Publication Details

Estimated reading time: 2 minutes

CASRN: 12650-69-0

Chemical structure

Drug Levels and Effects

Summary of Use during Lactation

Because less than 1% is absorbed after topical application, mupirocin is considered a low risk to the nursing infant.[1] Ensure that the infant's skin does not come into direct contact with the areas of skin that have been treated. Only water-miscible cream or gel products should be applied to the breast because ointments may expose the infant to high levels of mineral paraffins via licking.[2] Mupirocin applied topically to the nipples appears to be relatively ineffective as a treatment for sore, cracked nipples.

Drug Levels

Maternal Levels. Relevant published information was not found as of the revision date.

Infant Levels. Relevant published information was not found as of the revision date.

Effects in Breastfed Infants

A mother who was exclusively nursing her 52-day-old infant developed a soft-tissue infection. She was treated with intravenous teicoplanin 400 mg every 12 hours for 3 doses, then 400 mg daily for 5 days total, intravenous ceftriaxone 1 gram daily, topical mupirocin cream twice daily. A careful follow-up indicated that her infant had no adverse effects.[3]

Effects on Lactation and Breastmilk

A small, randomized, unblinded trial of mothers with sore, cracked nipples was performed. Mupirocin 2% applied to the nipples after each feeding was much less effective (16% vs 79%) than an oral antibiotic (cloxacillin or erythromycin for 10 days) in resolving the problem. Additionally, more patients' condition worsened (28% vs 5%) with mupirocin than with an oral antibiotic.[4]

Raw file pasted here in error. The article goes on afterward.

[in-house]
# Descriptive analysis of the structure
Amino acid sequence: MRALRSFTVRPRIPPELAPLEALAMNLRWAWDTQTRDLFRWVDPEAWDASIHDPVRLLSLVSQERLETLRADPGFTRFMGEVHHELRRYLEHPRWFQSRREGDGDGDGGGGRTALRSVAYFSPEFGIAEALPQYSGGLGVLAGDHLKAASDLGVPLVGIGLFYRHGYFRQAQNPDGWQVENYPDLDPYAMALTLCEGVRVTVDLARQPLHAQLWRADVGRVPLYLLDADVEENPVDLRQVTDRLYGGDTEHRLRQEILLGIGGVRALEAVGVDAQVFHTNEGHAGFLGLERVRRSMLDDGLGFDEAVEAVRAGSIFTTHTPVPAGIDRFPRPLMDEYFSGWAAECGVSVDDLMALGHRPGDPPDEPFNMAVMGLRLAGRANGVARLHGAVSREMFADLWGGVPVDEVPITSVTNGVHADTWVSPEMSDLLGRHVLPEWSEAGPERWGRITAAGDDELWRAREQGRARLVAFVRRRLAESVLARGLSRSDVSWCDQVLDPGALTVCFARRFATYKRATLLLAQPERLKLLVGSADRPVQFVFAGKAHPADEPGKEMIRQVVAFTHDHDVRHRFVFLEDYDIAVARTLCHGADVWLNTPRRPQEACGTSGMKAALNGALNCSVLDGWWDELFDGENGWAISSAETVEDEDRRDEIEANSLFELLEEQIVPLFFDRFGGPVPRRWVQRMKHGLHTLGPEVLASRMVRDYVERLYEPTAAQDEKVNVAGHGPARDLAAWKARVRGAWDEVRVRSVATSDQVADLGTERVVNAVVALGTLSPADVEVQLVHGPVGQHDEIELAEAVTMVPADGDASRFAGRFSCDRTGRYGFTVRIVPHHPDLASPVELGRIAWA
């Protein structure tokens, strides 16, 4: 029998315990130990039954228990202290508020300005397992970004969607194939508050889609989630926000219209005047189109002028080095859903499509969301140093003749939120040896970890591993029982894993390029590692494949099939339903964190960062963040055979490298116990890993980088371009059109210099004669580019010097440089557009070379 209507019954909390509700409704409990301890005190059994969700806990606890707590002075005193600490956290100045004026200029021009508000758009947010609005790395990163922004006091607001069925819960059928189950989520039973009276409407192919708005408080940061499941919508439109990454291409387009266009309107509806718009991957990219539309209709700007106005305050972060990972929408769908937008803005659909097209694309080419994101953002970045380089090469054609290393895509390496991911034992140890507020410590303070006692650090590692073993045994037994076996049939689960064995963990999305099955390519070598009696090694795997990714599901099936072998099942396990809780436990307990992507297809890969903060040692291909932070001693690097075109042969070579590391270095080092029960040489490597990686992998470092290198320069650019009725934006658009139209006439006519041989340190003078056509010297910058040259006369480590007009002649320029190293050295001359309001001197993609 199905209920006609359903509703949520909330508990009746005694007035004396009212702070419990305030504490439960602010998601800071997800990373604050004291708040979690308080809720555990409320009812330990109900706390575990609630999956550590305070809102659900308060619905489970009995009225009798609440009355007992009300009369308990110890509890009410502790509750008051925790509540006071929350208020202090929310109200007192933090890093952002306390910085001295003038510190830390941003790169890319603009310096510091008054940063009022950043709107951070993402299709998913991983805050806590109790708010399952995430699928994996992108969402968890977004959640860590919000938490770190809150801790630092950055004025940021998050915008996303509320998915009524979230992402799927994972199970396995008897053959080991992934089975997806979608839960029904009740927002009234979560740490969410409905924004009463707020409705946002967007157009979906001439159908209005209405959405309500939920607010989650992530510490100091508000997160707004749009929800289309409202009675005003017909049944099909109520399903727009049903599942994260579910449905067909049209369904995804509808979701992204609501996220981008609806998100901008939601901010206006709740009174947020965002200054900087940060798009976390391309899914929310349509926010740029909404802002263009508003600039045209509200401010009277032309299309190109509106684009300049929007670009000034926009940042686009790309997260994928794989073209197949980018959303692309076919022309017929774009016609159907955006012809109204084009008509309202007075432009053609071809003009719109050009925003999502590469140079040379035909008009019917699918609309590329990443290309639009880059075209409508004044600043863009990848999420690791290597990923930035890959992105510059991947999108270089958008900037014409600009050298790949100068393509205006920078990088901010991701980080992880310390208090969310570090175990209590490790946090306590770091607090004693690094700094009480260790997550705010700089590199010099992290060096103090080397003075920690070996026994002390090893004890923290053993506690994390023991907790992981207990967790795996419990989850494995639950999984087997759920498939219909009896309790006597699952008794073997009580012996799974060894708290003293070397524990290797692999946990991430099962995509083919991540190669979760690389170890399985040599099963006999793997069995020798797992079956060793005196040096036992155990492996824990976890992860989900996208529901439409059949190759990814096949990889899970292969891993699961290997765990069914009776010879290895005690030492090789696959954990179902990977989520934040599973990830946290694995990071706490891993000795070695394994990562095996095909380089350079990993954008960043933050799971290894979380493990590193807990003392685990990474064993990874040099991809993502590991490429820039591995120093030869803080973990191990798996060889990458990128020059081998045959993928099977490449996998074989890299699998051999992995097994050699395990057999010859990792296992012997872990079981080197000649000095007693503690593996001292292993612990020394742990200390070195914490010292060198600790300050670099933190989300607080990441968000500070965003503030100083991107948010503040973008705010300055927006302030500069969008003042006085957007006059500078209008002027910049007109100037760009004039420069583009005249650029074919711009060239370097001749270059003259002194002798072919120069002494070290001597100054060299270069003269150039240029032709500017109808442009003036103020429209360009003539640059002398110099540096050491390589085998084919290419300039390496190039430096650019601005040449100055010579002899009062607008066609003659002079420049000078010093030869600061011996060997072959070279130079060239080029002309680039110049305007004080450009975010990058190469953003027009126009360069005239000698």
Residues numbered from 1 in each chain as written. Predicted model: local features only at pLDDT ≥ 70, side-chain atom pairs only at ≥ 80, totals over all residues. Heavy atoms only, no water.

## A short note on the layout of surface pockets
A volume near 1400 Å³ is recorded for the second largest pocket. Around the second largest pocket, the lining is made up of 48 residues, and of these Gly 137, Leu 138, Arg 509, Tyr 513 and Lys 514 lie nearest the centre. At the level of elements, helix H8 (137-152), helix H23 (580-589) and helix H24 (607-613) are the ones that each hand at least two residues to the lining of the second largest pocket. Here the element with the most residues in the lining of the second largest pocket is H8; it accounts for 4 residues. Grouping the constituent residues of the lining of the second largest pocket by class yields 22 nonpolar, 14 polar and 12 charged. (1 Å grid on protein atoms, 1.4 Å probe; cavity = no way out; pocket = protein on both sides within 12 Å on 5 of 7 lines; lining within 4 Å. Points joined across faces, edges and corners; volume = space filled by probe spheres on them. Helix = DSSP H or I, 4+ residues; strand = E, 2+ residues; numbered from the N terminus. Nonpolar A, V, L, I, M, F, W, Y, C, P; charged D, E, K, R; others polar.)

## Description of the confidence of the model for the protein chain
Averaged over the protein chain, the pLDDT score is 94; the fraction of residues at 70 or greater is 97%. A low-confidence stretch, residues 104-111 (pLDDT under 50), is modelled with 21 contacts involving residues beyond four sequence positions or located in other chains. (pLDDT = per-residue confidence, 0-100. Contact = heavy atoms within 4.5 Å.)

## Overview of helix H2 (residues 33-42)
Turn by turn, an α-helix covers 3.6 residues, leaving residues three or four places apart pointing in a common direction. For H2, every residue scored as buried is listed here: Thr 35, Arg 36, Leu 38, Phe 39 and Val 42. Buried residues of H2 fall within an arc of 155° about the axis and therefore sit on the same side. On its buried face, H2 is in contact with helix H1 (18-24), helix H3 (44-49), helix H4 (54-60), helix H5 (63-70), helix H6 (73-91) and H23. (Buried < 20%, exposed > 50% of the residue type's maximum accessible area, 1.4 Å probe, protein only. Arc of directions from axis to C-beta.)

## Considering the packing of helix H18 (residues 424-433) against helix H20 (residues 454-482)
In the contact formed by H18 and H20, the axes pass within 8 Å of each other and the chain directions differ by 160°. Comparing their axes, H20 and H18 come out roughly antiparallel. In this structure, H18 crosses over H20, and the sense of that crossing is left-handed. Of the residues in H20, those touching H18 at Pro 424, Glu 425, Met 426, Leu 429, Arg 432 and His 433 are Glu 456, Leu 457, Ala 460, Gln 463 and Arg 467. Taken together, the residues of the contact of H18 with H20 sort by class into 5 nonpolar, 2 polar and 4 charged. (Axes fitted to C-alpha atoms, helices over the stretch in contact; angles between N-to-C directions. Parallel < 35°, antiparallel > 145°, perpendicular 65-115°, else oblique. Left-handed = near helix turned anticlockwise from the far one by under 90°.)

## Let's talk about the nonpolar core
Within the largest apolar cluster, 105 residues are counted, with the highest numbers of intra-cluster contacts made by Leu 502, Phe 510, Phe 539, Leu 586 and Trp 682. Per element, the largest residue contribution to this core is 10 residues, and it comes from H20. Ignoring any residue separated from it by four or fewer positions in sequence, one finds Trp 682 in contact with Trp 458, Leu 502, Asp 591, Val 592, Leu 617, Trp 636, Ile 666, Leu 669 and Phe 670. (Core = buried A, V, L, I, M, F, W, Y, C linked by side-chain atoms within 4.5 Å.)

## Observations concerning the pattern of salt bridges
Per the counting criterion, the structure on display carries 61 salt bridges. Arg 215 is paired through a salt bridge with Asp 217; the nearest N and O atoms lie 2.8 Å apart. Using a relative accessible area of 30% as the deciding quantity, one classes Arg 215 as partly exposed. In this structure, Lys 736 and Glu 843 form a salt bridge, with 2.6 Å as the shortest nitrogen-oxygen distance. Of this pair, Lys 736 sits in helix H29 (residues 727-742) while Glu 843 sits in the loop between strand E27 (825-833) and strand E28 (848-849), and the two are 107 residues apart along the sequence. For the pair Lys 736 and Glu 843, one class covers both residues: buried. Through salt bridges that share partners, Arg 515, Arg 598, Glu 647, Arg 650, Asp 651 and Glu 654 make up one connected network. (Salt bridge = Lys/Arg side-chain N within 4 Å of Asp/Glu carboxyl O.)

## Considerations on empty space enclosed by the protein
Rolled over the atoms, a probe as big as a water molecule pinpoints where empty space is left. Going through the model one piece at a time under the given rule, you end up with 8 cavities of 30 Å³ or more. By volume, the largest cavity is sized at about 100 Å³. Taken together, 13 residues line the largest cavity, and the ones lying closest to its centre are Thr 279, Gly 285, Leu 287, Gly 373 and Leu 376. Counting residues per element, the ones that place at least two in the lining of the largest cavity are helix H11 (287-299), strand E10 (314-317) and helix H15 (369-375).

In a randomized, double-bind trial, lanolin was compared to an all-purpose nipple ointment containing mupirocin 1%, betamethasone 0.05%, and miconazole 2% for painful nipples while nursing in the first 2 weeks postpartum. The two treatments were equally effective in reducing nipple pain, nipple healing time, breastfeeding duration, breastfeeding exclusivity rate, mastitis and nipple symptoms, side effects or maternal satisfaction with treatment.[5]

Alternate Drugs to Consider



Leachman SA, Reed BR. The use of dermatologic drugs in pregnancy and lactation. Dermatol Clin. 2006;24:167-97. [PubMed: 16677965]
Noti A, Grob K, Biedermann M et al. Exposure of babies to C(15)-C(45) mineral paraffins from human milk and breast salves. Regul Toxicol Pharmacol. 2003;38:317-25. [PubMed: 14623482]
Kaplan YC, Keskin-Arslan E, Acar S et al. Teicoplanin use during breastfeeding. Breastfeed Med. 2017. [PubMed: 28051878]
Livingstone V, Stringer LJ. The treatment of Staphyloccocus aureus infected sore nipples: a randomized comparative study. J Hum Lact. 1999;15:241-6. [PubMed: 10578803]
Dennis CL, Schottle N, Hodnett E, McQueen K. An all-purpose nipple ointment versus lanolin in treating painful damaged nipples in breastfeeding women: A randomized controlled trial. Breastfeed Med. 2012. [PubMed: 22428572]

Substance Identification

Substance Name


CAS Registry Number


Drug Class

  • Breast Feeding
  • Lactation
  • Anti-Infective Agents, Local
  • Antibacterial Agents

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